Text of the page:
- having to eat to treat hypos, which can cause weight gain and guilt
- being constantly aware of carbohydrates or calories in food
- feeling shame over how you manage your diabetes
- a bad relationship with your healthcare team
- difficulty keeping to a healthy weight.
The term diabulimia may not be well known – but it is a serious problem.
But we don’t know exactly how many people are living with it. It’s estimated around 4 out of 10 women, aged 15 to 30, take less insulin to lose weight. And for young men, it’s around 1 out of 10. Research shows men with diabetes are more worried about their weight than men who don’t have diabetes.
When you’re diagnosed with Type 1 diabetes, you’ve generally lost weight. Starting insulin can mean you put that weight back on. Some people can find this hard to deal with and this can be one of the reasons they start to skip doses.
Without insulin, your blood sugar levels build up really quickly. This is known as hyperglycaemia (or hyper) and you start going to the toilet a lot. Any calories you’re taking in pass straight through and out of the body in your urine.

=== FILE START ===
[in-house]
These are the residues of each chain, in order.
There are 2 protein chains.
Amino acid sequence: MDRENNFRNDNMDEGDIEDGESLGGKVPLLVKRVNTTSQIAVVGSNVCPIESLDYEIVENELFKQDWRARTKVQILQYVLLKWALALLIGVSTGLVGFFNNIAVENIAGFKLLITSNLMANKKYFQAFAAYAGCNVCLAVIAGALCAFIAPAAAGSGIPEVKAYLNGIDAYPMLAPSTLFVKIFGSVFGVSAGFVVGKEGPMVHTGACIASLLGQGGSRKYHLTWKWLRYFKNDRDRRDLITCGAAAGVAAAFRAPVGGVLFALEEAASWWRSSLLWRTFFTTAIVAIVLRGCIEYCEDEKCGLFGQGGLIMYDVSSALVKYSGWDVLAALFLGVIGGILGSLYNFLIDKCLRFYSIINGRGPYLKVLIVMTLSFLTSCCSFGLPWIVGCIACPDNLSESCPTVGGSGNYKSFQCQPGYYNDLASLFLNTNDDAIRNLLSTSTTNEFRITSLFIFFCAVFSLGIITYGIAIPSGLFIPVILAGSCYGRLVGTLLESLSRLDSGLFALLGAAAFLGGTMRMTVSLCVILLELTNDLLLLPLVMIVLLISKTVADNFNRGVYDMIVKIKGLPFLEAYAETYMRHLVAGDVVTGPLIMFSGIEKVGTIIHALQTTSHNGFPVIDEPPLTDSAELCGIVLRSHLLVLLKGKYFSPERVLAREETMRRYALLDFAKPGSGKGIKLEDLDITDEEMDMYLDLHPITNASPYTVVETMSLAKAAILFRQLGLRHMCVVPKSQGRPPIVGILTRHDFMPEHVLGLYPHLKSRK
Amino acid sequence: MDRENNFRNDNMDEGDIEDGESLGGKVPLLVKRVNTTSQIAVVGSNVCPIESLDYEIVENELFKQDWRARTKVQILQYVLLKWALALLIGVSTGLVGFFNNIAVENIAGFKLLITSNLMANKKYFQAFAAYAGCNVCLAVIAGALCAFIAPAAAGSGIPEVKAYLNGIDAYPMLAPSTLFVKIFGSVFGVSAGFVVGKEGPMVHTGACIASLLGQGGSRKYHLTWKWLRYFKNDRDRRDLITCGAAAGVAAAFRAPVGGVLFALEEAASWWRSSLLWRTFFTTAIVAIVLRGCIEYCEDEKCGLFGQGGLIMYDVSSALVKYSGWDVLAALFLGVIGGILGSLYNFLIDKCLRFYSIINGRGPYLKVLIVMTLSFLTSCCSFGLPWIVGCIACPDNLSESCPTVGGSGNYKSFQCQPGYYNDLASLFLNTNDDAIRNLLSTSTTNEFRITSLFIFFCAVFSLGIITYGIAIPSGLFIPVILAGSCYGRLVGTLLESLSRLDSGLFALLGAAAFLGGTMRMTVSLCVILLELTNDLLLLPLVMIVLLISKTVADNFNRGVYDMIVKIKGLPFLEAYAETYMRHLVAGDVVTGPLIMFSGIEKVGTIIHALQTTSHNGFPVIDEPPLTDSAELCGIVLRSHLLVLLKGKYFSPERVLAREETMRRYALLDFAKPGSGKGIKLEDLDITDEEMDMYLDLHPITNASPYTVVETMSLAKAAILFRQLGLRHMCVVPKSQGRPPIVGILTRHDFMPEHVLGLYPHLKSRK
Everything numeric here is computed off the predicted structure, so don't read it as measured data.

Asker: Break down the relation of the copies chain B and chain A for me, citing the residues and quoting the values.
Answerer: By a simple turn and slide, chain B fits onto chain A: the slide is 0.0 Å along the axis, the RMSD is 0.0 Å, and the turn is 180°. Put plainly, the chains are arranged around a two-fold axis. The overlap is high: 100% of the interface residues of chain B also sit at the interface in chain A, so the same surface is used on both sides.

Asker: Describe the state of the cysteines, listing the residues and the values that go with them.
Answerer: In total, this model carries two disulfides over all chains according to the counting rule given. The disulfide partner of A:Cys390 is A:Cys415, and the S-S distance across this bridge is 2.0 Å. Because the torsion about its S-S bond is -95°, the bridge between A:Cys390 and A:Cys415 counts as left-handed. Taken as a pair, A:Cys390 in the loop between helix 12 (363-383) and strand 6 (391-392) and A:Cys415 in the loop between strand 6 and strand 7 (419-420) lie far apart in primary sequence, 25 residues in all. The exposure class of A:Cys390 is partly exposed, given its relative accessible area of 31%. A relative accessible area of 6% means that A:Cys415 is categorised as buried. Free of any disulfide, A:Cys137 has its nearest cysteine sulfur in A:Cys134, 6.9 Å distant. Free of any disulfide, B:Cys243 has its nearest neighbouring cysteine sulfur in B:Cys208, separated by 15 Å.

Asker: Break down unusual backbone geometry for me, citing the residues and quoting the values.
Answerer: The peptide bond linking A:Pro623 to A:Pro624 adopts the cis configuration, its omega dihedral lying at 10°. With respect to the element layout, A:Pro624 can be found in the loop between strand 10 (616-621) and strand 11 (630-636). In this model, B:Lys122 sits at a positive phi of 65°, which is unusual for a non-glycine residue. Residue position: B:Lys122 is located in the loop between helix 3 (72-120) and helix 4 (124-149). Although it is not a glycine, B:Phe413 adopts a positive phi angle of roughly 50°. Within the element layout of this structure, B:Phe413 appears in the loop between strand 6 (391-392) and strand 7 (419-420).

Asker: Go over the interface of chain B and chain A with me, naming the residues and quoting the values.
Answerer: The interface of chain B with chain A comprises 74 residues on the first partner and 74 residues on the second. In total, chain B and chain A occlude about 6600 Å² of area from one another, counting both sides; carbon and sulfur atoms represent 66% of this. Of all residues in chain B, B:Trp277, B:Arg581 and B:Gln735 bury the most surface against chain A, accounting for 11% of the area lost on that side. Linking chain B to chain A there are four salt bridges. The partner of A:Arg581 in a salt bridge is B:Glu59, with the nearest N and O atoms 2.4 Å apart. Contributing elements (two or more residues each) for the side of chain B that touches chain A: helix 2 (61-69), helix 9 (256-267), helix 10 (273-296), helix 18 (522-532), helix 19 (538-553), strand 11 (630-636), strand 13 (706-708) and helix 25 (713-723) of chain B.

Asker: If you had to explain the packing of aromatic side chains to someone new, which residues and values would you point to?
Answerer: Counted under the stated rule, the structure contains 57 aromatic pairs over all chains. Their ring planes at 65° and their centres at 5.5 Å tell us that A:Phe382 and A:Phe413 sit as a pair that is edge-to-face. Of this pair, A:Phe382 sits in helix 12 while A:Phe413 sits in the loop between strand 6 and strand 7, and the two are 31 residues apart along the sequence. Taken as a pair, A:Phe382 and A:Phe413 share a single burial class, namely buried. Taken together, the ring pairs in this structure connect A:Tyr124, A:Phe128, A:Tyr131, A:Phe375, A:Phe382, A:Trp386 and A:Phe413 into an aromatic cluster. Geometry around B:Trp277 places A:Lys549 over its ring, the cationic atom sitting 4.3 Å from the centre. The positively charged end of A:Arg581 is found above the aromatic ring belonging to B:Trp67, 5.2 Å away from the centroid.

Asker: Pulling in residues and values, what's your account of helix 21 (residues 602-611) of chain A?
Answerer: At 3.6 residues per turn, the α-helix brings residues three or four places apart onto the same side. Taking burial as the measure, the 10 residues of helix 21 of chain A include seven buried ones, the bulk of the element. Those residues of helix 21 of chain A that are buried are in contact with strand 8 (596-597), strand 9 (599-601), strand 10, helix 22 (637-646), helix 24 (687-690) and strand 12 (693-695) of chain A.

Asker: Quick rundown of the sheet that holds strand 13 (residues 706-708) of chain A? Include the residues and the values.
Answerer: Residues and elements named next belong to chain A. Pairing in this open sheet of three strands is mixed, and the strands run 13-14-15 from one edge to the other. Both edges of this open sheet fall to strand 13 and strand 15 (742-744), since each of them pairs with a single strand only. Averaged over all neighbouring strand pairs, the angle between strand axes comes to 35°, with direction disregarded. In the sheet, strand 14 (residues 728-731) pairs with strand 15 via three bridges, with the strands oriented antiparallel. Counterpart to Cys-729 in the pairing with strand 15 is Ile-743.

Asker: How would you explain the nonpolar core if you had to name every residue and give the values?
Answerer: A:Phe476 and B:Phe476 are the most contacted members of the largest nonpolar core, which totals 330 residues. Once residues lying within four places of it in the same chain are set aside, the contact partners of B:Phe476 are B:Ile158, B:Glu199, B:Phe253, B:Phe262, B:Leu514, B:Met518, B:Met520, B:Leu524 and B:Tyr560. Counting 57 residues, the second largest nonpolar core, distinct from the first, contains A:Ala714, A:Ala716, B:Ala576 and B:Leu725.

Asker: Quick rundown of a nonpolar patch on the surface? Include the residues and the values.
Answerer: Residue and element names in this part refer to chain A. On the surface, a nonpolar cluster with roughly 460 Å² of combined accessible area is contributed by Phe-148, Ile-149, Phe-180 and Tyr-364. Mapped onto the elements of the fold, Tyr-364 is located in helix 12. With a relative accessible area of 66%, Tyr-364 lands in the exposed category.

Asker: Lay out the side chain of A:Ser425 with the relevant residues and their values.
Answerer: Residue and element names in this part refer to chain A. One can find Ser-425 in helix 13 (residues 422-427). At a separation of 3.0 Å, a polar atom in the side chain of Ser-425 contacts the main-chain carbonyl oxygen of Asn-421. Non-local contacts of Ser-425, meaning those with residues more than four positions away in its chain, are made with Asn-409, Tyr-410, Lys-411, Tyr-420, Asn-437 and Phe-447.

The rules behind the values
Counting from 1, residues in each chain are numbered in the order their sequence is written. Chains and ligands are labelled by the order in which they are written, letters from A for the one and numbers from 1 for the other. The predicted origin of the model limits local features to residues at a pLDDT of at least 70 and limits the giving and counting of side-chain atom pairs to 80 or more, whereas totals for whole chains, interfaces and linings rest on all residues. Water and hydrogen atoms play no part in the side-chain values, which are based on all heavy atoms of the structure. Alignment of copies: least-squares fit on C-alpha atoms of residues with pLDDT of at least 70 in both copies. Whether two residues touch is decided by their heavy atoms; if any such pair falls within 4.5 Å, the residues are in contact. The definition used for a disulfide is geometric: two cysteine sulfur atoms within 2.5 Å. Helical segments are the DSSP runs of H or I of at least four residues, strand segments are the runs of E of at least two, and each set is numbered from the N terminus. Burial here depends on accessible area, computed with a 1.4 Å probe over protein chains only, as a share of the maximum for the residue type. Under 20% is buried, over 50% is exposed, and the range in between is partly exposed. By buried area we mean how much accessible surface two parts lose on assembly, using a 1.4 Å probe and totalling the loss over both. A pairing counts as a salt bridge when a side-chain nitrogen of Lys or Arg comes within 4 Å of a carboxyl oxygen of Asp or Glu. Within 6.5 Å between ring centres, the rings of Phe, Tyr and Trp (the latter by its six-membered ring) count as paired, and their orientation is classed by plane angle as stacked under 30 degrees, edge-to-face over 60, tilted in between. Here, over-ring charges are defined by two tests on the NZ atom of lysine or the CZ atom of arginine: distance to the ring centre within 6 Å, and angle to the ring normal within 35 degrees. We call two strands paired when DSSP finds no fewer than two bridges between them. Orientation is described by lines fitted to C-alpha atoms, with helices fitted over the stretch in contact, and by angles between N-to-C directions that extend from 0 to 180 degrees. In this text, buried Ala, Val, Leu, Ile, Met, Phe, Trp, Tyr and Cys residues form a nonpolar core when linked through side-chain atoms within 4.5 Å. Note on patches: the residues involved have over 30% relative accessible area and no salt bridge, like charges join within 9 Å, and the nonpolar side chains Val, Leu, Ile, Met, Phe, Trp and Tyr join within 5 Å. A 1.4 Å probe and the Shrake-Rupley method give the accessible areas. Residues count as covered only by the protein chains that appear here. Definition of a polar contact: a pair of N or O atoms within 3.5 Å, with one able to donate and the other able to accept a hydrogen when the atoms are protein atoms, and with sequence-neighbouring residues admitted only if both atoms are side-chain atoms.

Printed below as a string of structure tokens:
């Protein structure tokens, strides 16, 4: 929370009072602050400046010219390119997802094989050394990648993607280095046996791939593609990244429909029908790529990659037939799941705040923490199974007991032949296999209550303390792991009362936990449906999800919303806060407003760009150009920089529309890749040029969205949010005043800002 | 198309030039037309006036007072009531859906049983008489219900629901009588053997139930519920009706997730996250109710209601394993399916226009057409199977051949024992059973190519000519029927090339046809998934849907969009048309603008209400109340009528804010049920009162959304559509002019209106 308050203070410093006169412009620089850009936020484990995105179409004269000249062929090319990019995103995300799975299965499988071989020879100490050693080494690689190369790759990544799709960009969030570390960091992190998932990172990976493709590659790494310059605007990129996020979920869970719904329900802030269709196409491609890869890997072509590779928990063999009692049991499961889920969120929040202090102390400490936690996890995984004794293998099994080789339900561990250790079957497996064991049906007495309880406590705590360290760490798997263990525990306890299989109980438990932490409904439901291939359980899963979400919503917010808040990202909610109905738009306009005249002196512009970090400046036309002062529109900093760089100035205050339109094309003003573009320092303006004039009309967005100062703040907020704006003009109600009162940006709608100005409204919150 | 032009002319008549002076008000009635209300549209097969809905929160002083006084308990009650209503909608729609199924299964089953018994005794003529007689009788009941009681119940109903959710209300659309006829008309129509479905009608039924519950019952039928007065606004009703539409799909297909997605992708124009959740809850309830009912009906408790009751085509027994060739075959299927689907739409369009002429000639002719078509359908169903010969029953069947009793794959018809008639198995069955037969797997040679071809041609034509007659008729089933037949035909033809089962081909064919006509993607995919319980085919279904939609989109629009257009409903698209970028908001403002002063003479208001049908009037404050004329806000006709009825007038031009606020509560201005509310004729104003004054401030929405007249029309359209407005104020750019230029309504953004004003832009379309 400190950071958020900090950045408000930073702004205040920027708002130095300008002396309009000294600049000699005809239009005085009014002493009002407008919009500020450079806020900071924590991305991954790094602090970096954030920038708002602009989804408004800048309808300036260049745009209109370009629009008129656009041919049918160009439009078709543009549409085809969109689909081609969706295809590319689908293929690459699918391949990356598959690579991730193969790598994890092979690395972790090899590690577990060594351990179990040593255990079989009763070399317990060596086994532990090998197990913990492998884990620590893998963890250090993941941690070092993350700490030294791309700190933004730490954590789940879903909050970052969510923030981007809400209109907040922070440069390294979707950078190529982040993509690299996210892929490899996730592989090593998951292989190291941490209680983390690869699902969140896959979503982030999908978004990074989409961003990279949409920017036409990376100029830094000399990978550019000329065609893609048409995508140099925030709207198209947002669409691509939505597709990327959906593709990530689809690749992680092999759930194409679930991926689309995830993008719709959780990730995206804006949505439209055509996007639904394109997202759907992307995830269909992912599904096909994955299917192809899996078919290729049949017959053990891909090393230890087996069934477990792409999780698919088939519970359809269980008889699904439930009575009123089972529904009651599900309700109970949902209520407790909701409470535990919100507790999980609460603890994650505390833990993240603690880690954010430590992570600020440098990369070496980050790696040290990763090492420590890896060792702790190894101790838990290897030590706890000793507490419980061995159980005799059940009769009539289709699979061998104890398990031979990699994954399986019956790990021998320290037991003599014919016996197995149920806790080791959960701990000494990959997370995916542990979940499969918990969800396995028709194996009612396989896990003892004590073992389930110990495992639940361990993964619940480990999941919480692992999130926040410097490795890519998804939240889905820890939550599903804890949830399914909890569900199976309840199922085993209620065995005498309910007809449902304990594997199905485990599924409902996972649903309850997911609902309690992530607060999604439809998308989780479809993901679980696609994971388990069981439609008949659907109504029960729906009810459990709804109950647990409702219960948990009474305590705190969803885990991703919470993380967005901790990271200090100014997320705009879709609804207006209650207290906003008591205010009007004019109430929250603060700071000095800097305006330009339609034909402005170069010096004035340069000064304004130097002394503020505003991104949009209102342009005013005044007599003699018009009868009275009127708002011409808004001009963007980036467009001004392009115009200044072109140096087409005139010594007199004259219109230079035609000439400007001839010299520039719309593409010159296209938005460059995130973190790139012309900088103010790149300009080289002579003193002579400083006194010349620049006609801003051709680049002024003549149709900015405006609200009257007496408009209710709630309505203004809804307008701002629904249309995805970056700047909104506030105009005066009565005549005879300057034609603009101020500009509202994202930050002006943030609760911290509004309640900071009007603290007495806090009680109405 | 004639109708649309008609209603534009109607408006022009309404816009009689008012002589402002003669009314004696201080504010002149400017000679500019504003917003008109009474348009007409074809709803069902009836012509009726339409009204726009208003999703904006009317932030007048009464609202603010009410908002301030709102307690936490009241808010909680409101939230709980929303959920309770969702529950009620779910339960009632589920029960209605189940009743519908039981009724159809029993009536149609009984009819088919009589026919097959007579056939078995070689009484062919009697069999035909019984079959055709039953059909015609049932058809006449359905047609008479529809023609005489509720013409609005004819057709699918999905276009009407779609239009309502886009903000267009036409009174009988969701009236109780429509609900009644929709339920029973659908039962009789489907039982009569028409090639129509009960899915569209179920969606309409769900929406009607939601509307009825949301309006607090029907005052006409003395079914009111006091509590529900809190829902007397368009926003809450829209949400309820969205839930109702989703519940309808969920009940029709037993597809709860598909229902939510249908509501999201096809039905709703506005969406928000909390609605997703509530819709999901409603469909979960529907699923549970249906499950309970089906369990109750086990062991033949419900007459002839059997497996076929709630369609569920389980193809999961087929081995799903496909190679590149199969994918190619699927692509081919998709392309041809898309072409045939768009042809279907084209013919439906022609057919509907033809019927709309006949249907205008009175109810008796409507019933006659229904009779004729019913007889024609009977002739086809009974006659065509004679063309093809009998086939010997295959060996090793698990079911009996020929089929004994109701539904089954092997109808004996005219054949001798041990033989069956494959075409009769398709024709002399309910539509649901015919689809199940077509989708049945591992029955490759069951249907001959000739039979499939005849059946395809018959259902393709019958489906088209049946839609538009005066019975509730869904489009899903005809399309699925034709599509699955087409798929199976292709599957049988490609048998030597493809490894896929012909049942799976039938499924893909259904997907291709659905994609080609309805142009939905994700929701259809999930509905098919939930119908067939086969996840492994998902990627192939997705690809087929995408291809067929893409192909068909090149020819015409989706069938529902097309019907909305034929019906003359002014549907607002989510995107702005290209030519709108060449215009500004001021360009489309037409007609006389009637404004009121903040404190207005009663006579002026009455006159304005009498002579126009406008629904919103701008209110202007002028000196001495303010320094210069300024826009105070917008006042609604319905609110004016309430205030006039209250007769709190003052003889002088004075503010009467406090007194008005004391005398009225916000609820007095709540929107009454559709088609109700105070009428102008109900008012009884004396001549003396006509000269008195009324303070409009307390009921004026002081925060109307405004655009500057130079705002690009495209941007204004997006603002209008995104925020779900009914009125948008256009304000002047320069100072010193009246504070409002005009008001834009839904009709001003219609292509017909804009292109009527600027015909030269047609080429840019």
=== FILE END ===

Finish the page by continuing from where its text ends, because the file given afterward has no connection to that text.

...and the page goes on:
This means you can’t get the energy you need from food and you start to break down body fat instead. This leads to dramatic weight loss.
If you don’t get any or enough insulin, your blood sugar levels won’t come down. This is very dangerous and it can send you into diabetic ketoacidosis (DKA) – which can be fatal.
And if you regularly stop taking insulin for a long time, you will harm your body. You could lose your sight, damage your kidneys and damage the nerves in your feet. These are called diabetes complications. They can happen because high blood sugar levels are damaging your blood vessels.
It can be difficult to break out of the harmful cycle of not taking your insulin. But with the right help and support, you can recover from diabulimia.
Diabetes teams, GPs and eating disorder specialists are becoming more aware of diabulimia. Diabulimia needs careful treatment from a team of specialists. And some dedicated recovery programmes are now up and running in the UK. So you could be referred to an eating disorder clinic or a counsellor for specialist care.
The first step to recovery is asking for help. Hear from Lynsey on how she managed to start her recovery.
It’s not always easy to manage diabetes. And coping with an eating disorder like diabulimia can make it even harder. You may also feel bad about hiding it from the people you care about.
But you’re battling a serious condition and no one can do that alone. It doesn’t mean you’re a weak person. Everybody with diabetes has their ups and downs. You’ve managed your diabetes well in the past, but now you’re not able to. So you need help.